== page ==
and Puerto Rico, which needed Mexican silver for payment of army, navy,
and even civil administrations there.78
Before receiving the news of the new international agreements regarding
neutral trade, the viceroy had prohibited all coastal trade in the Gulf of
Mexico. But once it was con¬rmed that the British frigates were no longer
persecuting the majority of licensed neutral ships, he renewed permits and
authorized a series of convoys to carry funds from Mexico to different points
in the Spanish Caribbean. According to a report by Ciriaco de Cevallos,
military commander of Veracruz, 18 expeditions left port between January
and September 1806 for Louisiana, Florida, Campeche, and Cuba, but unlike
the previous war (when the British Navy had attacked many Spanish ships
as well as those with a neutral ¬‚ag), the expeditions sailed safely.79 Indeed,
as Cevallos emphasized, it was remarkable that between September 1805
and September 1806 “ when there were 364 departures and arrivals at
Veracruz, including 64 neutral vessels and 82 ships coming directly from
Spain “ none were seized.80 The Veracruz military commander reported:

In fact, in spite of cruising near the shore by the (British) enemy by the frigates
Sourvaillante, Diana, Boston, Fortunate, Friquard, and Piqu´, as well as the brigantines
Viper and Port Mahon and other ¬ghting ships (English corsairs from Jamaica), not
one Spanish craft has been captured in the Gulf of all the 200 departures from this
port to the seas of Europe and islands of the Barlovento (Caribbean). This seems

77 Iturrigaray™s venal character is mentioned in J. A. Calder´ n Quijano, Virreyes de la Nueva Espa˜ a,
o n
p. 240. Criticisms of his venality were common in Mexican historiography during the ¬rst half of
the nineteenth century, as can be seen in the acid comments in Lucas Alam´ n, Historia de M´xico,
a e
vol. 5, pp. 46“49.
78 The viceroy™s correspondence concerning the dispatch of the different situados could provides material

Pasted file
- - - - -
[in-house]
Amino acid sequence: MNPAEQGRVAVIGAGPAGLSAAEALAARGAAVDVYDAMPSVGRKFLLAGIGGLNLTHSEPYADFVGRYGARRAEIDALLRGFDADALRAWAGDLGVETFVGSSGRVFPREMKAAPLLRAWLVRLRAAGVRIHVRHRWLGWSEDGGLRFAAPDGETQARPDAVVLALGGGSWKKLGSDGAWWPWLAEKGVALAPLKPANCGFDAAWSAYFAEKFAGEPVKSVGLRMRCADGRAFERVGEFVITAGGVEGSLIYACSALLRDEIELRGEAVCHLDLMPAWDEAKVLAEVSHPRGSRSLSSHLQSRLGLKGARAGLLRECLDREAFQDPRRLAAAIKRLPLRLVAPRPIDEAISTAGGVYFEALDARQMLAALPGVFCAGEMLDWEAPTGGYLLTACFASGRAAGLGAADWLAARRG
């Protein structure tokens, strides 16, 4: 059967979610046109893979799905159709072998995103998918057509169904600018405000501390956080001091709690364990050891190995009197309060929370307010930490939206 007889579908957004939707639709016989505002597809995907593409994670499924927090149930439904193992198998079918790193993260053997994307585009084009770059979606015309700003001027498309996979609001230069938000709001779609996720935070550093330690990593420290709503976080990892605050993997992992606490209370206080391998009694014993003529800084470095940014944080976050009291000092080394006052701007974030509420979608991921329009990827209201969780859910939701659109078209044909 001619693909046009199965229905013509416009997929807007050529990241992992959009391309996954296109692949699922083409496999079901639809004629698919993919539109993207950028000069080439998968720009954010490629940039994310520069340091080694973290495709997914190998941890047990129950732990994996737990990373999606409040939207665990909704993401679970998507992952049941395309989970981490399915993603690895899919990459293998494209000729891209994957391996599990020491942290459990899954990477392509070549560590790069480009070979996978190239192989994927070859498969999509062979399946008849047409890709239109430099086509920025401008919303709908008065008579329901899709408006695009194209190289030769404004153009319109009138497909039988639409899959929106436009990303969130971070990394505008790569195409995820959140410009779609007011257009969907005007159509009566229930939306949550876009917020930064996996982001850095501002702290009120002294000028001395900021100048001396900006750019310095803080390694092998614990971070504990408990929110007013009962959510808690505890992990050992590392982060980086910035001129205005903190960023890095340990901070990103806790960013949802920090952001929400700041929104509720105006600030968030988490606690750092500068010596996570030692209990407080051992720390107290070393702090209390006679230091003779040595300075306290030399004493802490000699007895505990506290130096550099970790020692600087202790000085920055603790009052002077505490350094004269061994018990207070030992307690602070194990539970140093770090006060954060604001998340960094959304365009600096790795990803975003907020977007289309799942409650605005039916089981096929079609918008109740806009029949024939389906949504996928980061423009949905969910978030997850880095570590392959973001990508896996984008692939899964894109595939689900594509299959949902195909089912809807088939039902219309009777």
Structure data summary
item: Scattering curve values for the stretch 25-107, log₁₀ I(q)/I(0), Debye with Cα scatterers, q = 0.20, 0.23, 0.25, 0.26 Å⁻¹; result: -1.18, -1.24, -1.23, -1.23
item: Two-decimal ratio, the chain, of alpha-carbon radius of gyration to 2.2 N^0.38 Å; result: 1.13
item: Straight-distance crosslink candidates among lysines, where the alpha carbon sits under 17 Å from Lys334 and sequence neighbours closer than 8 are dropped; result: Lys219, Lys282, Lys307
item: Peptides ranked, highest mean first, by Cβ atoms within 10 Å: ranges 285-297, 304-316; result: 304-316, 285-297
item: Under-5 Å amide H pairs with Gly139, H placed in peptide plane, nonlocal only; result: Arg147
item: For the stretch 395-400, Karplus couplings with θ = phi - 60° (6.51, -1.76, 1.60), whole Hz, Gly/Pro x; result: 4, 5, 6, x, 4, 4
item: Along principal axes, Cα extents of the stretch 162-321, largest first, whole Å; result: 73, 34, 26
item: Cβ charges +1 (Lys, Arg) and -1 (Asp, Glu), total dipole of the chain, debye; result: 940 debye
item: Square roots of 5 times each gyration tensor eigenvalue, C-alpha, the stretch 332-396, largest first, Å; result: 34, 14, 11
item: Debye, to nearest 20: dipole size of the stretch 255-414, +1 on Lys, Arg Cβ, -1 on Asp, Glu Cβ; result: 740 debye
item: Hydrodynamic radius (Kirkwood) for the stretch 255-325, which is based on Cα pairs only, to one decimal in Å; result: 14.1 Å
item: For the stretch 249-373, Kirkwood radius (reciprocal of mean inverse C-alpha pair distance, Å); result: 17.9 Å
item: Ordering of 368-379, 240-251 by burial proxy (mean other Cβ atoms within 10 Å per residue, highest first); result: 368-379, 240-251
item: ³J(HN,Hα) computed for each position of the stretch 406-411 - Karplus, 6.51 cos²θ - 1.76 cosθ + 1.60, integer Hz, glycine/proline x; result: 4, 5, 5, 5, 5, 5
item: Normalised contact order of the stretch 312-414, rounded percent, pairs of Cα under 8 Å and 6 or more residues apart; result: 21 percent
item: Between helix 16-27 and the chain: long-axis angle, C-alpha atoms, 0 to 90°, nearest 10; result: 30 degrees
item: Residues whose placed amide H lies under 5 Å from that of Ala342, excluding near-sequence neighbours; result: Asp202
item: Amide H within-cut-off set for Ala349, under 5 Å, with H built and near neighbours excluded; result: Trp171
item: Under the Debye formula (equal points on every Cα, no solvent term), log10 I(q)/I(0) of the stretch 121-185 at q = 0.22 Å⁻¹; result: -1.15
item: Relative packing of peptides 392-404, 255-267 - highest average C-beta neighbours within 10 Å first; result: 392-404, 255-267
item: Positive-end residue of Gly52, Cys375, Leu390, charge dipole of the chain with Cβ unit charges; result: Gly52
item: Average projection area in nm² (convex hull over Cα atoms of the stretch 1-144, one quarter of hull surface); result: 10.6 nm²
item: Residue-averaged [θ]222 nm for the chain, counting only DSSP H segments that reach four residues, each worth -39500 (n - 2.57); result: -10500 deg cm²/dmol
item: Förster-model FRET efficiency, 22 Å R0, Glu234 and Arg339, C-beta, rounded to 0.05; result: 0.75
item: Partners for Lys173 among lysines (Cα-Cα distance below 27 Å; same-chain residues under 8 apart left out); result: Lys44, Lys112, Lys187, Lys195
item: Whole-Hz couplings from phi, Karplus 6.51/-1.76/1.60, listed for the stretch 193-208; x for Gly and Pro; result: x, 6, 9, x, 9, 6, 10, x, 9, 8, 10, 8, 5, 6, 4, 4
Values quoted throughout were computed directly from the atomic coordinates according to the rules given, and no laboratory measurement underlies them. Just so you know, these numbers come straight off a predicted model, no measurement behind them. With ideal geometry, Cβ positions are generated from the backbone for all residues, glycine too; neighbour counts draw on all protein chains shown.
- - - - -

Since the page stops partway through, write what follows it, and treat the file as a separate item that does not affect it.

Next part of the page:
for an interesting study of New Spain and the defense of the empire. An important issue discussed
is the French occupation of Santo Domingo, ¬nanced in part by funds from New Spain. Iturri-
garay™s references to the grave military and ¬nancial situation in the Caribbean are constant: AGN,
Correspondencia de Virreyes, vols. 213“238.
79 Between 1796 and 1802, 186 Spanish ships were lost to the English frigates and corsairs, which
represented a loss of about twenty-two million pesos: John Fisher, Commercial Relations between Spain
and Spanish America in the Era of Free Trade, 1778“1796 (Liverpool: University of Liverpool, Centre
for Latin American Studies, 1985), p. 48. (Monograph Series, 13).
80 For the complete text of Cevallos™ report to Iturrigaray, September 9, 1806, including a detailed list
of all the ships that entered and departed Veracruz between September 1805 and September 1806,
see AGN, Marina, vol. 229, fs. 9“21.
208 Bankruptcy of Empire

incredible, when in the previous war scarcely one in ten of the ships that left
Veracruz for the peninsula arrived safely, but it is nonetheless true.81
The agreements on neutral trade between Spain and England explain the
dynamism of trade in Veracruz in these critical years. However, the English
were not passive actors. As Cevallos noted, the British Navy was supervising
maritime activity in the Caribbean and the Gulf of Mexico with great care to
assure that corsairs (especially French) did not interfere in a trade bene¬ting
many Jamaica merchants as well as English trade and industry.
But even these circumstances of armed neutrality do not fully explain the
surprising decision of Spain™s ¬nancial of¬cials to authorize various British
Navy frigates to approach Veracruz between 1806 and 1807 and load vast
quantities of silver belonging to the royal treasury and to the Consolidation
Fund. The viceroy himself was surprised by these transactions, although he
saw himself obliged to facilitate them.

British Warships and Silver Exports from Veracruz, 1806“1808
The ¬rst British warship to present itself at the port of Veracruz (during the
naval war between Spain and England) was the Resistance, which arrived at
the end of December 1806 to collect silver and commodities on Gordon &
Murphy™s account. On receiving news of the arrival of enemy vessel, Viceroy
Iturrigaray authorized payment of the drafts and gave permission for the
ship be loaded, but with mixed sentiments. In a letter to Finance Minister
Soler, the viceroy underlined his discom¬ture:
I state . . . the most delicate question regarding the visit to Veracruz of the English
war frigate, Resistance, that requested permission to enter the harbor in order to take
on board the silver pesos . . . Not having agreed to this strange pretension . . . the
transshipment was carried out at sea; it sailed at last with 3,100,000 pesos which
amounted to the total of the royal drafts (issued by the Consolidation Fund) and
set out for England with the of¬cial correspondence for the month, without having
had more news of the voyage, apart from vague rumors that this ship has arrived
in London.”82
The viceroy later added that he had received news that on the way to
England the same warship had captured a Spanish merchant vessel, the Bella
Elisa, taking its cargo to London. Apparently the merchant ship belonged